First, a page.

Classical Rhetoric and Contemporary Rhetoric and Composition Studies: Electrifying Classical Rhetoric
The writing and speaking careers of Gorgias, !socrates, and Plato have become new sources for study with the gradually emerging awareness of secondary orality. For some readers, it may seem inaccurate to say that the three writers provide us with new sources, because Speech Communication and English scholars, philologists, classicists, philosophers, and other writers have taught us so much about Gorgias, !socrates, and Plato. Nonetheless, new consciousness is forming on the basis of secondary orality, as Ong states in The Presence of the Word. As he writes in that book, classical culture in all its aspects must be reconsidered in light of the emergence of secondary orality. We can now begin to particularize this agenda by reconceptualizing Gorgias, Isoc-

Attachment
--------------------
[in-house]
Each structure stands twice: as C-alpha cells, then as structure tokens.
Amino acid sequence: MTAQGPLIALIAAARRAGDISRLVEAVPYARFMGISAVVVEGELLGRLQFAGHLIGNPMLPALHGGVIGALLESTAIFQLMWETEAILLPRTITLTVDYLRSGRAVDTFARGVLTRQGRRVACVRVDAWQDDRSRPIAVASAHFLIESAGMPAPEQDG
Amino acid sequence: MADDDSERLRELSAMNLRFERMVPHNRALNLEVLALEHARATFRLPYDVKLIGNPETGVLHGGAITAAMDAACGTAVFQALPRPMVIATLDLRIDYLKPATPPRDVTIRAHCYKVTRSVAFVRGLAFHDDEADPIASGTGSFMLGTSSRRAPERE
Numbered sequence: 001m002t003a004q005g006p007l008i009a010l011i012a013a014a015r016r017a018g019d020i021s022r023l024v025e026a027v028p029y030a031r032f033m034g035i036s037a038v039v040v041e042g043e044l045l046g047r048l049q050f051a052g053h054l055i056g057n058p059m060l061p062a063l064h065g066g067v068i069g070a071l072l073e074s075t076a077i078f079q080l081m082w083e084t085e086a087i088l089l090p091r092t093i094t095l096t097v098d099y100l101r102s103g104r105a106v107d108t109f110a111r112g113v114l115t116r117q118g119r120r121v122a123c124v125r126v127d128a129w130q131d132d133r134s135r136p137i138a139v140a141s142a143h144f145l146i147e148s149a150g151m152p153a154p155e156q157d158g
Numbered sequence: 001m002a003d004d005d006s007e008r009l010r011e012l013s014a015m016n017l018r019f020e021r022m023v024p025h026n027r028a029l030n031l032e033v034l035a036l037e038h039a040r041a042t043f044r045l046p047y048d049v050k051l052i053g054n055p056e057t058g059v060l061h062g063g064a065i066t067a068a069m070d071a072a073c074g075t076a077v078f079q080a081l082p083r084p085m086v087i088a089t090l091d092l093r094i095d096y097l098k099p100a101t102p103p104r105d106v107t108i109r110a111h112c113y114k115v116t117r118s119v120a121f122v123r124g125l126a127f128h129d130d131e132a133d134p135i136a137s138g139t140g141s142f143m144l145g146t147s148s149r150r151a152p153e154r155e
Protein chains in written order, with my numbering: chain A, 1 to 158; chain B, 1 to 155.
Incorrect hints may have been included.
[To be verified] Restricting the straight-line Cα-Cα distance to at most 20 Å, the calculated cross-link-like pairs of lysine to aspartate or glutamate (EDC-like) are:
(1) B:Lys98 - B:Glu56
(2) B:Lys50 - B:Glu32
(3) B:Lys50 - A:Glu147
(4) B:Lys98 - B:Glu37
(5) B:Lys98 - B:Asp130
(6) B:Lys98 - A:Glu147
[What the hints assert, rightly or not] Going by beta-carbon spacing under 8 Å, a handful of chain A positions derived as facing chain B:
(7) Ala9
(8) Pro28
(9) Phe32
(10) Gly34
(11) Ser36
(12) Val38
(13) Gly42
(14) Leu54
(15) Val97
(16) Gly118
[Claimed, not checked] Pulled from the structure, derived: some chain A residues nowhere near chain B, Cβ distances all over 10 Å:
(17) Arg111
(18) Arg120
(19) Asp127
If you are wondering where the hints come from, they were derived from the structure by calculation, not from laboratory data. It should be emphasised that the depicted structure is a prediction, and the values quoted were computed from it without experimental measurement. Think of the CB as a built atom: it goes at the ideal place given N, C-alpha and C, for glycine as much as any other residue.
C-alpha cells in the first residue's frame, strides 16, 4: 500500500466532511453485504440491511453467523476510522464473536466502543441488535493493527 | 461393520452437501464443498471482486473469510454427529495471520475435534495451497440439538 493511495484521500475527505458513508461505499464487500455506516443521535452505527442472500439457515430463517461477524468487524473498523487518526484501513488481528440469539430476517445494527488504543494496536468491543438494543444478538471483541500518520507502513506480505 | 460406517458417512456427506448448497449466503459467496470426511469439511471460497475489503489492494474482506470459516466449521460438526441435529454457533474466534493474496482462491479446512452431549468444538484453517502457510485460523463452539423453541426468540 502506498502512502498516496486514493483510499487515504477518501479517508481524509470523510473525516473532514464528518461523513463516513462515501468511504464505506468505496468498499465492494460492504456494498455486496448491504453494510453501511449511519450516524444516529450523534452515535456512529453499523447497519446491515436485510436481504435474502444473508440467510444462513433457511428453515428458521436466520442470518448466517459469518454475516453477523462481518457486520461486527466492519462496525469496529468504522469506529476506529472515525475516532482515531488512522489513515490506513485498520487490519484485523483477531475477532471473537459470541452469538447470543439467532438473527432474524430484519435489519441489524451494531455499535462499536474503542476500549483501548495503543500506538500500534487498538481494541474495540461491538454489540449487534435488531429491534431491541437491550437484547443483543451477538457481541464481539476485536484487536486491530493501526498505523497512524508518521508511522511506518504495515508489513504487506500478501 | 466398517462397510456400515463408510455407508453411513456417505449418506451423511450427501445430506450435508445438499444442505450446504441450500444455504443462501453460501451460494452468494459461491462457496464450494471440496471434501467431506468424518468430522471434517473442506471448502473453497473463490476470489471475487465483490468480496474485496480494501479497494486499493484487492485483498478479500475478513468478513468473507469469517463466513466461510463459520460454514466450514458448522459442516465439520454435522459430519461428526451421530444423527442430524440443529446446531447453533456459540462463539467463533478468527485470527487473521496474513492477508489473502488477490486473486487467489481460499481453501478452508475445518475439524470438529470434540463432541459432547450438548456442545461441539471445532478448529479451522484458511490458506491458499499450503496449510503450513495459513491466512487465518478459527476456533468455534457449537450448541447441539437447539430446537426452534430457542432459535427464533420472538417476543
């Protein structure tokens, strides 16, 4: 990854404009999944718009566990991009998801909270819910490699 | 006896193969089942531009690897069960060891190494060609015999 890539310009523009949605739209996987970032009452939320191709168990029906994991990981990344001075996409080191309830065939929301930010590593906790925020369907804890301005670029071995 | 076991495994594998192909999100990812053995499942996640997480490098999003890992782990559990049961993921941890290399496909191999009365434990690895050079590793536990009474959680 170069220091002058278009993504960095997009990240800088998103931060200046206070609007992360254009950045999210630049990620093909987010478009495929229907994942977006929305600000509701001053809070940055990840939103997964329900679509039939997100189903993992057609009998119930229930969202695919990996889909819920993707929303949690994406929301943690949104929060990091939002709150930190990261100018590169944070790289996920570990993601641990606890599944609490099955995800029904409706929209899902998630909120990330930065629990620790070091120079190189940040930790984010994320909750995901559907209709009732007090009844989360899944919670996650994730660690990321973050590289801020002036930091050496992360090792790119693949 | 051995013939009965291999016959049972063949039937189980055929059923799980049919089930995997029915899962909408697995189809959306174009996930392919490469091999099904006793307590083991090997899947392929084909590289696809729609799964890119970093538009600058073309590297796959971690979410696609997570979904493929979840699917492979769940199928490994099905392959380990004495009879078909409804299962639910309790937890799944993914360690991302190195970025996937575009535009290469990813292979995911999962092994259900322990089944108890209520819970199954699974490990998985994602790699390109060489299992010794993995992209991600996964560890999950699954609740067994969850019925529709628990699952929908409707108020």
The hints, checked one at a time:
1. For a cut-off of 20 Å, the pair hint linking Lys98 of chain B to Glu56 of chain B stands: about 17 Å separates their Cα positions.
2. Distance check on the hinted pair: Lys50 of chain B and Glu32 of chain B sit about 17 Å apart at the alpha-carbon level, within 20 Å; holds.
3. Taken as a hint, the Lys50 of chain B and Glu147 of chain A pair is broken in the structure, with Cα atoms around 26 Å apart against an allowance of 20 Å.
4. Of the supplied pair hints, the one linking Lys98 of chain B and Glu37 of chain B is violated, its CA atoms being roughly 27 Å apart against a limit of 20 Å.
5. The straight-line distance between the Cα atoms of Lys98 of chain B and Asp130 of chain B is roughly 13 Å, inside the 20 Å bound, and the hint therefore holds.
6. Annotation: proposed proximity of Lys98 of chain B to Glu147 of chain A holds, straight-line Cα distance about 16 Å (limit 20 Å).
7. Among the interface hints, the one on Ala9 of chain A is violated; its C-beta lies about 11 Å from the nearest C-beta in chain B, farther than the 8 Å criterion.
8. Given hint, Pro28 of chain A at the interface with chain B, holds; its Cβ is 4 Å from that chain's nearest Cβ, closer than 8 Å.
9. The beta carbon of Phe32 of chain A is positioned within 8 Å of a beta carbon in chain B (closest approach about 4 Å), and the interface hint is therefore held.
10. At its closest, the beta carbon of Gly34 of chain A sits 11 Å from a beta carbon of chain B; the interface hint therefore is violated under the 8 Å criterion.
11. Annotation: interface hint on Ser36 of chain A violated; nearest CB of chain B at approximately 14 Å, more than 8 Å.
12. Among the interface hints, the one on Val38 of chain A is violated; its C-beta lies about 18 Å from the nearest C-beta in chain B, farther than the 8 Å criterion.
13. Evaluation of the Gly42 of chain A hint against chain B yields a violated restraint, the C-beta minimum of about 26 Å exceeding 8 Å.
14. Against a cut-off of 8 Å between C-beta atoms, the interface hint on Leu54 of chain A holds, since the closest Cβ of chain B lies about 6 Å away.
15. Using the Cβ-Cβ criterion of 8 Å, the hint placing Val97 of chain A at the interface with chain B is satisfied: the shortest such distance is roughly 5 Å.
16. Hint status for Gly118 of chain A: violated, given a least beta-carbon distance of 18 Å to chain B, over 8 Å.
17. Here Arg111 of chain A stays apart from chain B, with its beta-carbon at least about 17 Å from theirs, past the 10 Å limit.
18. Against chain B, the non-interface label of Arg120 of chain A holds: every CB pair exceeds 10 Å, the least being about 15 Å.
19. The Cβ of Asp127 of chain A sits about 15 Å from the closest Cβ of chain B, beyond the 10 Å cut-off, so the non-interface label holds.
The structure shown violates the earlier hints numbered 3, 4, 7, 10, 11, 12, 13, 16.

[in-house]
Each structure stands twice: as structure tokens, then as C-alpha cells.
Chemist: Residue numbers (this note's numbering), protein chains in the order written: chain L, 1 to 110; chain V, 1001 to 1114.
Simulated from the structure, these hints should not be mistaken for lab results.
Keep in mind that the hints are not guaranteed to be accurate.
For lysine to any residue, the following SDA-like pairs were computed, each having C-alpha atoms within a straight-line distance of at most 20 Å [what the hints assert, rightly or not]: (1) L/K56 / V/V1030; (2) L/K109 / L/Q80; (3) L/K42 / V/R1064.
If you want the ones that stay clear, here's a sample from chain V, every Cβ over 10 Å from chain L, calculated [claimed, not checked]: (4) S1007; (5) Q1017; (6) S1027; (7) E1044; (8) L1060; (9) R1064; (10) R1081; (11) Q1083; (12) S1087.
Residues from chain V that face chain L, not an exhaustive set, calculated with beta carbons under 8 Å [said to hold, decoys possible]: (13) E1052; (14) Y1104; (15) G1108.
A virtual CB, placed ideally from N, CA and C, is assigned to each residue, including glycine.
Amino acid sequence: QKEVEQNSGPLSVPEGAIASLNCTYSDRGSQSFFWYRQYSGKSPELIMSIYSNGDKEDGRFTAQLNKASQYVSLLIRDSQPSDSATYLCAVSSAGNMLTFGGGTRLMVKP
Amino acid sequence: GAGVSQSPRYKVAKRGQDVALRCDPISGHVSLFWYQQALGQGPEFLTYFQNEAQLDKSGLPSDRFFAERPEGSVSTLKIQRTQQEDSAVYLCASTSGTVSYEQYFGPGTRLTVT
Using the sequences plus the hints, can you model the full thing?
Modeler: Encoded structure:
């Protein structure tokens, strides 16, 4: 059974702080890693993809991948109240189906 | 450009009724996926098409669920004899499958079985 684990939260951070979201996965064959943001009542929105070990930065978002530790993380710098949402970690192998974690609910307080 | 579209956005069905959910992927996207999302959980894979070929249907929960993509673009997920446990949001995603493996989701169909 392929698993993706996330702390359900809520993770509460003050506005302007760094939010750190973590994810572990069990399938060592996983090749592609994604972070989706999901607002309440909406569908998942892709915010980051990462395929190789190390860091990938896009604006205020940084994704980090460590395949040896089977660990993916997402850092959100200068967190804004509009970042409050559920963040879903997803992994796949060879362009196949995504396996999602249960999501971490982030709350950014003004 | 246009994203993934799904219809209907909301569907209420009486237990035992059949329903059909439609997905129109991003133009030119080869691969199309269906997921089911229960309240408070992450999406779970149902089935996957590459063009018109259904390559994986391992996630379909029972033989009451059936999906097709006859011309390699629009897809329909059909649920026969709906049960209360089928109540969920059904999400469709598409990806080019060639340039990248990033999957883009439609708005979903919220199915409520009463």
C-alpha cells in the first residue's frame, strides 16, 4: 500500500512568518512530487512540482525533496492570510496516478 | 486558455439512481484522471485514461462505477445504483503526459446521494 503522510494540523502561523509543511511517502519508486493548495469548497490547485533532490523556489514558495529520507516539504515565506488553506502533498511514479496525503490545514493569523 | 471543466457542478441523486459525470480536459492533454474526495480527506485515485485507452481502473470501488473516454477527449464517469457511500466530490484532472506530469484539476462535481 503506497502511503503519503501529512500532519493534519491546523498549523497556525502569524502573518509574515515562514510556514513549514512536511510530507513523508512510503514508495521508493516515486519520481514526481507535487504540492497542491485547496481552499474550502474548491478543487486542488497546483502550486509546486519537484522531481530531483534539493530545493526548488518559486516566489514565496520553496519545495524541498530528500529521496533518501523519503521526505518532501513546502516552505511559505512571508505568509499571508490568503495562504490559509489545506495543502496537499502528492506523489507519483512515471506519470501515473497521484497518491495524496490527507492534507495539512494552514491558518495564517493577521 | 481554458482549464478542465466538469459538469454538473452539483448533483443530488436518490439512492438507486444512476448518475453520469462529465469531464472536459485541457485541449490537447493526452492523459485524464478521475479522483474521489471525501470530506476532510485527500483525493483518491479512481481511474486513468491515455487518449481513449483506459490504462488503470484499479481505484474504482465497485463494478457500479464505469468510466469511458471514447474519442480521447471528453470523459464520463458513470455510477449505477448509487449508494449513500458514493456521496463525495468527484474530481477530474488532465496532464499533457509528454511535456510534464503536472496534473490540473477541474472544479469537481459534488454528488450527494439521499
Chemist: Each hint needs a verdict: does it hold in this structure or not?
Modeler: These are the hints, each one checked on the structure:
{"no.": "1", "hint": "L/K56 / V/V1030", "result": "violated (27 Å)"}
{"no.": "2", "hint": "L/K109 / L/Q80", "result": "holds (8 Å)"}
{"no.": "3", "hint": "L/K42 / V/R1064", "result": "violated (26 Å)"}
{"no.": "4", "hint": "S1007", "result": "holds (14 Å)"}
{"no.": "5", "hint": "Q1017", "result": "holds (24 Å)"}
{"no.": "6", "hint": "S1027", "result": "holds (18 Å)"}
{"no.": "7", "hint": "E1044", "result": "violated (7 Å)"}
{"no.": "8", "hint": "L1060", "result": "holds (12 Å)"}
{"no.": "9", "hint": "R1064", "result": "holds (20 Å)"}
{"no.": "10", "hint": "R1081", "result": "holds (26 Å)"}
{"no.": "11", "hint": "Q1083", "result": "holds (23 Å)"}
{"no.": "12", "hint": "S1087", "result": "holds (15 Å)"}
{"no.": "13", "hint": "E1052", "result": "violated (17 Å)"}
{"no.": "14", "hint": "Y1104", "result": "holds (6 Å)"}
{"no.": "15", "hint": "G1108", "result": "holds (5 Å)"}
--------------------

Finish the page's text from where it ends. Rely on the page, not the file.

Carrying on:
rates, and Plato, whose writings and "traditions" must be re-created in the light of the new technology that we all live in, with, and through, whether we are aware of that newness or not. All three writers enabled writing-or literacy-to form. They wrote and spoke in a world of language fluctuation and so helped to create literacy. Their formationsincluding abstraction, written dialogue, and prose crafted on a page rather than ordered in the memory-remain very much with us.